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UT Energy Bulletin | January 2020

Energy@UT News

Cockrell Professor Awarded Engineering’s Highest Honor 

The National Academy of Engineering will award its Charles Stark Draper Prize for Engineering, the highest honor in the field, to Prof. C. Grant Willson of UT’s Department of Chemistry. Dr. Willson will receive this honor alongside his research partner Jean Fréchet for their creation of chemically amplified resist (CAR) materials, which are used to manufacture the microprocessors and memory chips in personal computers, mobile phones, and motor vehicles. Read more here.


Oil and Gas Boom, Industrial Growth Tied to Significant New Emissions 

Bloomberg, Reuters, Axios and other outlets reported on a new multidisciplinary environmental study from UT's LBJ School of Public Affairs and Operations Research & Industrial Engineering program. The analysis predicts that the recent oil, gas and petrochemical industrial buildout in the Gulf Coast and Southwest regions could increase America's carbon emissions by half a billion metric tons annually by 2030. Read more here. 


Navigating the Politics of Energy Transitions & Sustainability

Listen to Texas Law Prof. David Spence’s discussion with Dr. Leah Stokes of the University of California, Santa Barbara about politically sustainable pathways to an energy transition. Dr. Stokes traces a trajectory for this transition to cleaner energy, beginning with subsidies intended to nurture budding technologies that challenge incumbent industries.


Wages, Debt Directly Impacted by Energy Consumption 

What do dramatic changes in energy consumption since the 1970s mean for wage inequality and debt? In a new paper for Ecological Economics, Dr. Carey King, assistant director of the Energy Institute, introduces a new model“HARMONEY,” (Human And Resources with MONEY) that links economic trends such as population, capital, and debt to natural resource consumption. Read more here.


Five Key Policy Insights for the Future of the U.S. Electricity Sector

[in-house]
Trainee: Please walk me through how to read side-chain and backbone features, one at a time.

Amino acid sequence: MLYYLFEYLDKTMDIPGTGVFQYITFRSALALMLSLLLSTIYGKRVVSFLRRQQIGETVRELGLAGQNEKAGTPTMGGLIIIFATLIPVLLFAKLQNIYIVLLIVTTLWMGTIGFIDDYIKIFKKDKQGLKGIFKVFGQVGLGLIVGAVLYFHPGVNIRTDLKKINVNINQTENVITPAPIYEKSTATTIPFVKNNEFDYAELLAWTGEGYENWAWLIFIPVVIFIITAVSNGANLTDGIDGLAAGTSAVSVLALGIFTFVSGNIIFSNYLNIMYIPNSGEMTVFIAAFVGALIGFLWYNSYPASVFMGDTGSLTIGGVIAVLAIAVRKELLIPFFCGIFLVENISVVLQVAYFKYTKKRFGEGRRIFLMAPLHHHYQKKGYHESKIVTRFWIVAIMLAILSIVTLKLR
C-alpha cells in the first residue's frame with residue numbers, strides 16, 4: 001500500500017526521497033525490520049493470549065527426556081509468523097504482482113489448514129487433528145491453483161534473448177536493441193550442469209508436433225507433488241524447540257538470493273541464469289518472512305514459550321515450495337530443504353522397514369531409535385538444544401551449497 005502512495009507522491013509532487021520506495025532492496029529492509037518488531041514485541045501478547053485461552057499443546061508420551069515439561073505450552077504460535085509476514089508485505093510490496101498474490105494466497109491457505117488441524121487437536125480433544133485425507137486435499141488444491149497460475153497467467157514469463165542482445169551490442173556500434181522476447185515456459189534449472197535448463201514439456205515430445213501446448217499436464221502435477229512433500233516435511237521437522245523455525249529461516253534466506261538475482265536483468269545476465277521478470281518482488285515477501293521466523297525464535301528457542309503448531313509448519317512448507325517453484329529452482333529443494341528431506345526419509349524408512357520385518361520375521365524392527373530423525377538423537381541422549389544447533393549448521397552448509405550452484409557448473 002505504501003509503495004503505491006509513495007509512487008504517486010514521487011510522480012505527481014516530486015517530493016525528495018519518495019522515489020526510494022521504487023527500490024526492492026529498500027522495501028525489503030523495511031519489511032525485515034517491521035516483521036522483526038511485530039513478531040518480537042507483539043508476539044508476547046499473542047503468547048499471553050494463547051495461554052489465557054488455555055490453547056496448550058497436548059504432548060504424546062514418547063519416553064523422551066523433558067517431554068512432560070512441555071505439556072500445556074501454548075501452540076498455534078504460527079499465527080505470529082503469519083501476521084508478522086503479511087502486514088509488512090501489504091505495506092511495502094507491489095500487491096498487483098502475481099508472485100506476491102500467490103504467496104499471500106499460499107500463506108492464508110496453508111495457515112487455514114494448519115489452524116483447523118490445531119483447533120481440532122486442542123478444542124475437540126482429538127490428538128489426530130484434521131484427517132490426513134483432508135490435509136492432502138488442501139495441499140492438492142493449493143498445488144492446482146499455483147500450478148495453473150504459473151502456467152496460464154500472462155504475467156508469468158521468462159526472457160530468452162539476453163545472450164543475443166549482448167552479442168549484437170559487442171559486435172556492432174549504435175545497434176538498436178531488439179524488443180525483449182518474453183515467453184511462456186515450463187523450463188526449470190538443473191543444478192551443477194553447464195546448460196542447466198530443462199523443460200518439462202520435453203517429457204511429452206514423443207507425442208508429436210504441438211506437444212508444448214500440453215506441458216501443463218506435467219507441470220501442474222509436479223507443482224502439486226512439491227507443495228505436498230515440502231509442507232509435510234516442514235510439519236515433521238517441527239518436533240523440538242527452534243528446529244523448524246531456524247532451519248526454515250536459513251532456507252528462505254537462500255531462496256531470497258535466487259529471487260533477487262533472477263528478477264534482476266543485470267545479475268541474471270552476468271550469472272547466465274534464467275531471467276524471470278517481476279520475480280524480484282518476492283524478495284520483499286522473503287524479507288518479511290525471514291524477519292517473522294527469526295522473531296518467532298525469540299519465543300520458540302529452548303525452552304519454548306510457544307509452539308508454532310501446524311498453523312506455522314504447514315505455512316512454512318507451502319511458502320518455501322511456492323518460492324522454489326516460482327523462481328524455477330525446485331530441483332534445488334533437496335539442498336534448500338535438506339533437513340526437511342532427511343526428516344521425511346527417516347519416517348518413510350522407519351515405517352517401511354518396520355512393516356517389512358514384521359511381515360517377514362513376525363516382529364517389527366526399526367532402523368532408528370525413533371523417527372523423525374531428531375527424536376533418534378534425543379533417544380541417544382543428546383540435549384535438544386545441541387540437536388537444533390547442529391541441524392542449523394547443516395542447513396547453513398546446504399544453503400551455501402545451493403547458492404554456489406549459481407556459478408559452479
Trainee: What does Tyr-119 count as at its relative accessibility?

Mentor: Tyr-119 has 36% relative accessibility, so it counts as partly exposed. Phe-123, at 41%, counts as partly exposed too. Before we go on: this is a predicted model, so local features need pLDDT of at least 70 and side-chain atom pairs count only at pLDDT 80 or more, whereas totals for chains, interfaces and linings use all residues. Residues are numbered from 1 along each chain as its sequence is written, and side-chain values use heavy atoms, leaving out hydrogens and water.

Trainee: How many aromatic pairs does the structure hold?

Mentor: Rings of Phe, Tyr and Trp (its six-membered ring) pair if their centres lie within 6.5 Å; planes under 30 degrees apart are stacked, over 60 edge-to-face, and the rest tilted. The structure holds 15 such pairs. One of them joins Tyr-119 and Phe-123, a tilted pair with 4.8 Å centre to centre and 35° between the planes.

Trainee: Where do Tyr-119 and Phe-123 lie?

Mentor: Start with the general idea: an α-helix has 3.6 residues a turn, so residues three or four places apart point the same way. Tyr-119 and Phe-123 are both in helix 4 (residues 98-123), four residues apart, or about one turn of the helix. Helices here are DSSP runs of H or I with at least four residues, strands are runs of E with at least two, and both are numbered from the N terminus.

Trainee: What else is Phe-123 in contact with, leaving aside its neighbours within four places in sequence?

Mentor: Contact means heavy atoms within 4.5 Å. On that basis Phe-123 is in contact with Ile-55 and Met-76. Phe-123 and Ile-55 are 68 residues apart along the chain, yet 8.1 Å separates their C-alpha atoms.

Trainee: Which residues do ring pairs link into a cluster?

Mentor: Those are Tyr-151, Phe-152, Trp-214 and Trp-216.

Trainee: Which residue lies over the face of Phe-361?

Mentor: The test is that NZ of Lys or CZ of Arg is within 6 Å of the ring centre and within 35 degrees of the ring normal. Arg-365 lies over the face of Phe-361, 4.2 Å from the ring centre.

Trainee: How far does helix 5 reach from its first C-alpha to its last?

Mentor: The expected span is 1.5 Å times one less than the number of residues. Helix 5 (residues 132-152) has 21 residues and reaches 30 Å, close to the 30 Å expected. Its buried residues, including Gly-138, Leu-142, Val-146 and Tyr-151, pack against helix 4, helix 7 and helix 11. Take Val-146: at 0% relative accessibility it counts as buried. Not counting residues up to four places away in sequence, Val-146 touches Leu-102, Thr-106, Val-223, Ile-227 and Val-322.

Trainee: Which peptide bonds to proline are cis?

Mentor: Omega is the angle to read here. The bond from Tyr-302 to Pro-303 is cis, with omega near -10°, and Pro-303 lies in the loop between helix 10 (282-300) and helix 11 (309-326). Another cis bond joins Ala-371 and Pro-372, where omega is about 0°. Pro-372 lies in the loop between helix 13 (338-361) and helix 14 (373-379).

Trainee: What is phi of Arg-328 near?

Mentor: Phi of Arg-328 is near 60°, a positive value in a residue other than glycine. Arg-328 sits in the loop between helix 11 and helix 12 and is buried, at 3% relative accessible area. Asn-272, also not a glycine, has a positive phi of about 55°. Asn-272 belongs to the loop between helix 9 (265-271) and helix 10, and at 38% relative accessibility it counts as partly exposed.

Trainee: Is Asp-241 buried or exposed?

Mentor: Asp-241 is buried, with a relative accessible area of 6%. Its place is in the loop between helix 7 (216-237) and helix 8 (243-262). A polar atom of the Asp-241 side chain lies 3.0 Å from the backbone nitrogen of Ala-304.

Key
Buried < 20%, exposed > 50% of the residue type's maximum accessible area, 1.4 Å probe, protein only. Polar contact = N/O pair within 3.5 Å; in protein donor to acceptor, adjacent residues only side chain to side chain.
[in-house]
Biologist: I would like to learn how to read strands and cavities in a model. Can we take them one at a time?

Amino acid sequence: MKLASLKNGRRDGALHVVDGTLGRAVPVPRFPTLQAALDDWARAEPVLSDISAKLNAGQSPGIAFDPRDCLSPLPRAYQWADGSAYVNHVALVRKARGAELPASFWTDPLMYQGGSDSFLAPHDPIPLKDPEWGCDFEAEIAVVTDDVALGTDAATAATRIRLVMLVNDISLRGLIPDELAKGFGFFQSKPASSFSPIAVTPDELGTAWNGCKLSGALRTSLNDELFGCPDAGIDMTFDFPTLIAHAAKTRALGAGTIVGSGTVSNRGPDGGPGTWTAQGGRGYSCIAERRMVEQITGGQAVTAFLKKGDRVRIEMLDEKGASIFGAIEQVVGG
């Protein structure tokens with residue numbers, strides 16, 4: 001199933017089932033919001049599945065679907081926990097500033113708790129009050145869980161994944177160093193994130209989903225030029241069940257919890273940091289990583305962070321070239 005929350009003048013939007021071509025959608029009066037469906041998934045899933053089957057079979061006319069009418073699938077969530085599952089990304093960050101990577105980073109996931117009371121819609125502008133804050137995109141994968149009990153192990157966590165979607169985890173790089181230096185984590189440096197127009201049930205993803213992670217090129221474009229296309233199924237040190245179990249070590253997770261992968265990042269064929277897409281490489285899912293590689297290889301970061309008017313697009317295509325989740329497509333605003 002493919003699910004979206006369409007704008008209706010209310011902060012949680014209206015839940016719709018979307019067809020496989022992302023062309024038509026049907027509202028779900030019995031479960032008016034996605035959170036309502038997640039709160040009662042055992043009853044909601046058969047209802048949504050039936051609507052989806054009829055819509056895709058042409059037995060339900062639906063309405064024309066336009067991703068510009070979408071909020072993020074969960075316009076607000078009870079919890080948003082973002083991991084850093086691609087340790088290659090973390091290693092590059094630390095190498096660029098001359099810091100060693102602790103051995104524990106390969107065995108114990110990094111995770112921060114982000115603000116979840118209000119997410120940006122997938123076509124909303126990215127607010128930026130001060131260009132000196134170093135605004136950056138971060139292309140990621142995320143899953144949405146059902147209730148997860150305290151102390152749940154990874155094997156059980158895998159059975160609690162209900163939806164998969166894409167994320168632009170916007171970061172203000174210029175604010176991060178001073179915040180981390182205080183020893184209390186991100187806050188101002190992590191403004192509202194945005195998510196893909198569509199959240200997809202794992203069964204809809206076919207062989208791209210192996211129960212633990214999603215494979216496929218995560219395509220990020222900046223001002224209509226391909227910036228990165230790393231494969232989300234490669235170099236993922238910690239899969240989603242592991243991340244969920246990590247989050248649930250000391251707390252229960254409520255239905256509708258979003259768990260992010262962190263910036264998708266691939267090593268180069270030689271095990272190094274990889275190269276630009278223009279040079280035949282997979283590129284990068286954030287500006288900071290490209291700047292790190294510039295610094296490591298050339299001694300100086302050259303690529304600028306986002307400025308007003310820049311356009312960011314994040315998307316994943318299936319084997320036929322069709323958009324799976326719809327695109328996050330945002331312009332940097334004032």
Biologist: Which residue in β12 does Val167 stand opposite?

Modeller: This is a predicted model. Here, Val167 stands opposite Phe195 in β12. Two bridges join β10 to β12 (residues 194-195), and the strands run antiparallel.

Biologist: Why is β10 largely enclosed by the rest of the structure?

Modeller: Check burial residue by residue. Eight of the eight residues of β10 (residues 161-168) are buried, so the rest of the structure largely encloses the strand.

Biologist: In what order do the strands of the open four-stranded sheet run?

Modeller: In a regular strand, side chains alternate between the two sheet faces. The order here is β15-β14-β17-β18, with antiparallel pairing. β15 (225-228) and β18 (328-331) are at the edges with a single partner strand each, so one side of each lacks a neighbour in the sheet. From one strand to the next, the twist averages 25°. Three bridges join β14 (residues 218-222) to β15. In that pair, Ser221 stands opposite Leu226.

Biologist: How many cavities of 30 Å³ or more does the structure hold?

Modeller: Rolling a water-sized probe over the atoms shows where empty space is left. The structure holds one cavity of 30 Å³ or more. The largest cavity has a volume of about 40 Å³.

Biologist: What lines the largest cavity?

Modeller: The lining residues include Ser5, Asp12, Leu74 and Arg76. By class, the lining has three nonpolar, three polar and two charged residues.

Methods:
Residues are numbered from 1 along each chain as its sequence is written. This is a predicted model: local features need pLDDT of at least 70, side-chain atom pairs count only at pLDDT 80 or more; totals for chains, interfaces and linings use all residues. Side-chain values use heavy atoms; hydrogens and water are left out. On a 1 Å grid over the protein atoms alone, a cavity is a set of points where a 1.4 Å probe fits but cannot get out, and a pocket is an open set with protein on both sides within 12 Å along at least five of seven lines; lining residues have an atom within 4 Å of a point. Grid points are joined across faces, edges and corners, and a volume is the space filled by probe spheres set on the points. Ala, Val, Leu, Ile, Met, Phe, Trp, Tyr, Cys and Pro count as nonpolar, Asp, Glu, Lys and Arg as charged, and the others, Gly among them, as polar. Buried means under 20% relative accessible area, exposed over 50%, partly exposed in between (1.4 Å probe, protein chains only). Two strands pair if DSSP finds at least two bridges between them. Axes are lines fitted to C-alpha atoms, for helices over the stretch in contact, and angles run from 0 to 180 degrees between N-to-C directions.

Building on the ongoing Energy Infrastructure of the Future study, a team from UT's Operations Research and Industrial Engineering program used a new cost-conscious optimization model to evaluate policy, economic and technological drivers for the nation's electricity sector. Find out more about the results and the range of scenarios for wind and solar energy, battery storage, and natural gas.

More news from around campus
Upcoming Events

UT Energy Week
February 17-21, 2020
Etter-Harbin Alumni Center


Register now for Energy Week 2020, UT's annual student-led conference highlighting the hottest topics & energy challenges facing the U.S. Inspired by Texas’s unique energy legacy and the concept of “20/20 vision," this year's program will feature panels and discussions with guests from Dell, Equinor, Walmart, Shell, 7x Energy, ExxonMobil, and more. 

All conference participants are invited to join the networking reception with UT students and Energy Week sponsors on Tuesday, February 18th.

UT Energy Symposium: 
New Date & Time for Spring 2020

This semester, the UT Energy Symposium (UTES) series will feature guest speakers from Texan by Nature, University of Michigan, Harvard Law, TX Advanced Energy Business, UC Santa Barbara, and more. The symposium, which is free and open to the public, will be held on Tuesdays in the Avaya Auditorium (POB 2.302) from 12:30 p.m. to 1:45 p.m. See the full schedule here.

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